Prime Healthcare Services Inc.’s proposed deal to buy six financially struggling Roman Catholic hospitals has collapsed, raising questions about how the nonprofit chain will keep its doors open.
The Ontario-based chain of 30 hospitals nationwide decided against the $843-million purchase of the hospitals, which include St. Vincent Medical Center and St. Francis Medical Center in L.A. County, according to a memo to employees from the hospitals' chief executive.
Robert Issai, chief executive of Daughters of Charity Health System, wrote that Prime had found the conditions imposed by state Atty. Gen. Kamala Harris on operating the hospitals too onerous.
“Time is of the essence as we navigate the challenging operational and financial obstacles,” he wrote.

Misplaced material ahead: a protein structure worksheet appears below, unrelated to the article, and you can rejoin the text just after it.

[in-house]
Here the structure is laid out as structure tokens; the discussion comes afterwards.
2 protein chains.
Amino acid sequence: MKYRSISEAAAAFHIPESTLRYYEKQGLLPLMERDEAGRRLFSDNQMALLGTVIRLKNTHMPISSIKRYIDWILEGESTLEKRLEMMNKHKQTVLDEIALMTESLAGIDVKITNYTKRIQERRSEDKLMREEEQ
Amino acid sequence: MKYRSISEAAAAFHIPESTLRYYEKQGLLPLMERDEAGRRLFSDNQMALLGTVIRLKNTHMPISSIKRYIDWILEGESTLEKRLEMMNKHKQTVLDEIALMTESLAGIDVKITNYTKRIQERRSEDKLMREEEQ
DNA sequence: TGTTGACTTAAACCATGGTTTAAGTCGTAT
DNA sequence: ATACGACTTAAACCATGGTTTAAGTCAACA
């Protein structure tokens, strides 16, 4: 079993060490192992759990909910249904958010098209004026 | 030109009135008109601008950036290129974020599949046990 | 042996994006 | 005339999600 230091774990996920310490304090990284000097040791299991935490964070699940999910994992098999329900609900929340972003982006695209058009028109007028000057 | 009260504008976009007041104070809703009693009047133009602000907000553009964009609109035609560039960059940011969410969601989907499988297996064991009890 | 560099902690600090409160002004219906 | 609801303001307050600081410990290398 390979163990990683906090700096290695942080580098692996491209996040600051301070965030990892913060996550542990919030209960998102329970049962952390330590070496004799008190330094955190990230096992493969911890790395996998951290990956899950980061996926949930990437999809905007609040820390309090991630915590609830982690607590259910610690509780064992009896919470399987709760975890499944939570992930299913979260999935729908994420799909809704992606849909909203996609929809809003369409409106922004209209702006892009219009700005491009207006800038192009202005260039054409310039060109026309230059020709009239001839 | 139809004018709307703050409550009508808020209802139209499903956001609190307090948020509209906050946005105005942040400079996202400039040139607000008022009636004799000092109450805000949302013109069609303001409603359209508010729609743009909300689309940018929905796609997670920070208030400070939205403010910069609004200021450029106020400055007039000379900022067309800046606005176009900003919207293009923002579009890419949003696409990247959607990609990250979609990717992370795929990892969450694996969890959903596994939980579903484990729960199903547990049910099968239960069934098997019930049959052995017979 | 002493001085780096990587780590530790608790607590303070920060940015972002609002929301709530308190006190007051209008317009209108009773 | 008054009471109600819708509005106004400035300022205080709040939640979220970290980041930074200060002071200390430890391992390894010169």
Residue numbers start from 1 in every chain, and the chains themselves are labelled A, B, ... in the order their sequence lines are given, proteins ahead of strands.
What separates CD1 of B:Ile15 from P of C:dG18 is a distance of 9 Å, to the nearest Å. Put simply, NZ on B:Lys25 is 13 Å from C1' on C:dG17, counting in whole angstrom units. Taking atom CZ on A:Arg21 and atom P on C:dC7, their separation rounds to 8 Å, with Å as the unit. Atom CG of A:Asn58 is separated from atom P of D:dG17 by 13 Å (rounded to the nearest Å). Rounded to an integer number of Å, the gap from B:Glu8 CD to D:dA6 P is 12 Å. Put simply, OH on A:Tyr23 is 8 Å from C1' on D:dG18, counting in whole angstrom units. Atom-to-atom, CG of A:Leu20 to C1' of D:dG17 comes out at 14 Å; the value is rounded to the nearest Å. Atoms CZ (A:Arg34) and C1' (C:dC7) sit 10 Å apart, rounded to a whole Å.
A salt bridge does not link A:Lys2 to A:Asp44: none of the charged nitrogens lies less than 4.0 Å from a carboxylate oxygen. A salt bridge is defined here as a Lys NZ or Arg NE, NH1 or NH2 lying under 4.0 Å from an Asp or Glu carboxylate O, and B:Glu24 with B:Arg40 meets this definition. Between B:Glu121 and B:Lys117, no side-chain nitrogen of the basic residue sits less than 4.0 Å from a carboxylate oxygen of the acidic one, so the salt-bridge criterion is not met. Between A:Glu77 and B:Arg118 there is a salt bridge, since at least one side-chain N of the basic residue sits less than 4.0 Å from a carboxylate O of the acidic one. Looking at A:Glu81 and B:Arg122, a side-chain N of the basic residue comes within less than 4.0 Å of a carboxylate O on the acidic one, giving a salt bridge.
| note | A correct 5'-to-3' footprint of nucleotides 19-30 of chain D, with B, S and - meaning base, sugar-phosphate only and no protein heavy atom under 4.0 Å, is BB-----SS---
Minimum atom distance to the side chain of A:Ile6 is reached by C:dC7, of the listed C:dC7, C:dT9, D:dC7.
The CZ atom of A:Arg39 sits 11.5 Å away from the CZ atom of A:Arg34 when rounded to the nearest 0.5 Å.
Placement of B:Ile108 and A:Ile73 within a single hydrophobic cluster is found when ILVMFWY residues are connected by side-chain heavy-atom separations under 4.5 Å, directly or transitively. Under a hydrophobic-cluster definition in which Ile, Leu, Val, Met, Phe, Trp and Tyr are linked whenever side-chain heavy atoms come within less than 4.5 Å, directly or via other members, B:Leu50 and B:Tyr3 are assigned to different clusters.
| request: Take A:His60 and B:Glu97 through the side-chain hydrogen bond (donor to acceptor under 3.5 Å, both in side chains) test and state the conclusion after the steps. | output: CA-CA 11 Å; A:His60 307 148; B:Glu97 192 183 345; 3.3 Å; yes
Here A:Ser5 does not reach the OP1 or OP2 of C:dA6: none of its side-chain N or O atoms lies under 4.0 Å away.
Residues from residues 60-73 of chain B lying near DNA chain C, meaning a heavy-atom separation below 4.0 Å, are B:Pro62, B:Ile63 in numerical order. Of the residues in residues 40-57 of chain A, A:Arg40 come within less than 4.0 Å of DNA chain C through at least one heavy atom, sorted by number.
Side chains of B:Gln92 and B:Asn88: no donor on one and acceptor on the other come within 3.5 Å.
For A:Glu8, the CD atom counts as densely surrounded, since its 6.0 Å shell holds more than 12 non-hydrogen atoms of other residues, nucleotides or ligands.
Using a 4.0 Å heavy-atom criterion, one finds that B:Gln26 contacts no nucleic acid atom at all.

Issai said he was consulting with financial advisors and the hospital system’s board of directors about other options that would allow the six hospitals to continue operations.
On Feb. 20, Harris approved the proposed sale to Prime but said she would require the company to keep all of the hospitals open for 10 years. She also said the hospitals would have to provide the same level of charity care to poor patients as Daughters of Charity had.
Issai has previously said that the hospital chain, which specializes in providing care to the poor, was losing $10 million a month. In 2013, its board decided that selling the hospitals was the best way to avoid bankruptcy.
The other hospitals include four in Northern California: O'Connor Hospital in San Jose, Saint Louise Regional Hospital in Gilroy, Seton Medical Center in Daly City, and Seton Coastside in Moss Beach, near Half Moon Bay.
Prime Healthcare and Issai did not immediately respond to requests for comment.
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